Eating organic can feel like a harder option depending on your budget and where you live. You may also question whether it's even a necessary part of a healthy diet. There are several key points to consider that can help you to get the most benefit from organic foods while keeping costs down. This guide will help answer questions about how to eat organic on a budget, where it's most important and break down the benefits.
"Organic" is a certification granted by the U.S. Department of Agriculture to foods that follow certain requirements for things like animal raising practices, pesticide use, soil quality and additives. Non-organic agriculture uses a variety of chemical fertilizers and pesticides with the aim of producing a high yield of crops. Some of these chemicals may have a negative effect on consumers' health as well as on the environment.
Organic food is grown with sustainability in mind, promoting natural and mechanical farming techniques and prohibiting most chemicals. Livestock raised on organic farms are fed a diet of organic grains and vegetation. Organic meat and dairy animals' diets do not contain hormones or antibiotics.
You may see a "grass-fed" label on some organic meats, but this is a separate category. Grass-fed animals are fed exclusively on foraged grasses and plants and non-grain animal feed, but it is important to mention that this is only the case if they are also "grass-finished".
Organic fruits and vegetables are grown without the use of pesticides and genetically modified organisms (GMOs). GMOs are organisms (plant, animal, fungi, etc.) that have been genetically engineered in a lab in order to produce a desired trait such as drought resistance or larger produce.
Non-organic foods use a wide range of chemical pesticides and herbicides, including products containing glyphosate. The safety of this common herbicide is hotly debated, and some consumers may choose to avoid it. Scientists have also found that it harms insects such as bumblebees.
Learning how to eat organic on a budget can be achieved by following a few simple steps. Even if organic food isn't available in your area, there are still ways to minimize or avoid pesticide and chemical contamination in your food while keeping costs down.
First, prioritize whole foods over processed foods. Processed foods, even organic ones, often carry a higher price tag than whole foods. They may also contain unnecessary additives. Increasing plant-based whole foods can help you stay on budget while still being creative about what you buy and eat.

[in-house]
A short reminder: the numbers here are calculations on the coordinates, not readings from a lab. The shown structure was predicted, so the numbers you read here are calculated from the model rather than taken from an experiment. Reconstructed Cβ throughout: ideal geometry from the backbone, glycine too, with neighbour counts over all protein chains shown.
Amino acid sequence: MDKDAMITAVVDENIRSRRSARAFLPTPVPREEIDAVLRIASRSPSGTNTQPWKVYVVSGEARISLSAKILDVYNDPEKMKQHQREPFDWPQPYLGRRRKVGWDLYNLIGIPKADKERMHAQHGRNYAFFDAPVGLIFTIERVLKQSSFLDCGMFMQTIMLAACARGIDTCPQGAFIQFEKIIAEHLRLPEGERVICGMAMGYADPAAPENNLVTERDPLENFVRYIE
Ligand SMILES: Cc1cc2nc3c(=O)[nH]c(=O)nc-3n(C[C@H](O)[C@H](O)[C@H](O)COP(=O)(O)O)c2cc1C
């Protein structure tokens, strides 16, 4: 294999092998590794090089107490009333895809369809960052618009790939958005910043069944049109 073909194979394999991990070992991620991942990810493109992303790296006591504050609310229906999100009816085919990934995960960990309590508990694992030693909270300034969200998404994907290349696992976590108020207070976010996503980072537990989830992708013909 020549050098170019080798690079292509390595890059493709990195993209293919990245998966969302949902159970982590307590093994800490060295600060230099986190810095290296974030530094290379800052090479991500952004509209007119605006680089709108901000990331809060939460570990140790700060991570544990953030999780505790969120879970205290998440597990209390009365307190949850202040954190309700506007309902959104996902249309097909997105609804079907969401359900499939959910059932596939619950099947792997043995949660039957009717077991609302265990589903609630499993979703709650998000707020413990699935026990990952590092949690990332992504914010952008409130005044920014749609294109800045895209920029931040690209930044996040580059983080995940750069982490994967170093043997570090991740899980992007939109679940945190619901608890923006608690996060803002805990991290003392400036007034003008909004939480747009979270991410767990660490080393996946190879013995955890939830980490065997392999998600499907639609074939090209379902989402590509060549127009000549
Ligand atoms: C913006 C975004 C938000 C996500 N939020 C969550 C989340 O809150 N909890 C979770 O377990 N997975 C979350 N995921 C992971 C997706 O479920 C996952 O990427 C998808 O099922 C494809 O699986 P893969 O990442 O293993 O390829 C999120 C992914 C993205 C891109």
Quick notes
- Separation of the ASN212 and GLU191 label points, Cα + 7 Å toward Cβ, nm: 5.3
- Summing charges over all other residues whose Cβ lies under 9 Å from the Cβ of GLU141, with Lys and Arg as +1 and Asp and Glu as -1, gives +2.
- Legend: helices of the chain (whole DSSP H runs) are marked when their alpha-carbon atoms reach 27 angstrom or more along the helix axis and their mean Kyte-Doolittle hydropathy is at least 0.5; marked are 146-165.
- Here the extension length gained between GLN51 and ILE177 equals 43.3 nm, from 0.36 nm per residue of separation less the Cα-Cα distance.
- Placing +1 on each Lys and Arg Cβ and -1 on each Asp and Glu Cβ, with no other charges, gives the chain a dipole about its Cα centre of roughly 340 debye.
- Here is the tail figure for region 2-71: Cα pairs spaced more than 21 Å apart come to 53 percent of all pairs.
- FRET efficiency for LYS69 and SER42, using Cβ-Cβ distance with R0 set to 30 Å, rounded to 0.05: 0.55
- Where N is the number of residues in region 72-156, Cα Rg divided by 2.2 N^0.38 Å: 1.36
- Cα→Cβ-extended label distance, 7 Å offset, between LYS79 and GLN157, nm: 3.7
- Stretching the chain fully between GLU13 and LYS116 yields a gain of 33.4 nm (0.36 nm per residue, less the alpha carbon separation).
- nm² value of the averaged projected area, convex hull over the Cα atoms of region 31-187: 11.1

If you eat fish, for example, canned salmon or sardines can be a cheaper way to choose wild-caught over farmed. If you choose canned products for convenience or cost savings, try to select cans with a BPA-free lining. Wild fish can't be certified as organic since they are not raised on a farm, but they are often a healthier option than farmed fish and contain fewer polychlorinated biphenyls (PCBs).
If your produce budget only allows for a few organic picks, know that some non-organic choices are safer than others. The Environmental Working Group (EWG) puts together a list each year of produce with both the highest and lowest amounts of pesticides. EWG recommends staying away from "Dirty Dozen" higher-pesticide produce such as strawberries, spinach and grapes if organic isn't available. Produce like avocados, onions and asparagus, on the other hand, are a safer non-organic choices from any supplier.
Using a daily nutrition support shake powder and supplements that contain organic fruits and vegetables are another way to get the cleanest, wide variety and highest-quality nutrients into your daily intake.
Buying in bulk and cooking in batches is a tried and true way to reduce your grocery bills. Buy foods that have a longer shelf life, like grains, beans, and vegetables such as sweet potatoes and onions. Utilize your freezer and cook larger amounts of food from scratch — think soups and casseroles — that can be frozen and defrosted on demand. If you need some inspiration, join our EquiLife community for recipe ideas and shopping list options.
Shopping around can also help you find a hidden spot for organic food or lower prices. Research grocery store prices versus co-op prices (both online and brick-and-mortar stores), and you might be surprised at not only how much you can save but also the variety of bulk foods these alternative produce suppliers carry. Take advantage of grocery store coupons, too. Stores that carry their own brand often have an organic line of products at a cheaper price.
Finally, aim to reduce food waste. If you buy produce in bulk, try to eat the older fruit and vegetables first and use up everything you purchase to avoid wasting food and money. Label items with dates, or keep older produce in the front of the fridge drawer to remind you. Creating meal plans before shopping trips can also prevent wasted food. If fruit and vegetables are nearing their shelf life - freeze them -- perfect to add to your morning smoothie or make a nutritious vegetable soup that will give you a few more days to enjoy.
Visiting local farmers markets can introduce you to the smaller organic farms in your region and help you increase your daily intake of seasonal, local plant sources. Organic seasonal produce may even be cheaper than fruits and vegetables shipped internationally to your grocery store. It might also inspire you to make more plant-based meals. Reducing your intake of meat and other animal products can really make a difference in your grocery budget, your carbon footprint and the importance of considering the quality of the meat on offer.
Finally, a great way to eat organic on the cheap is to grow your own fresh produce. Whether you have space for a backyard veggie garden or a small balcony filled with individual potted vegetables, you can grow organic anywhere. You might also consider joining or starting a local community garden.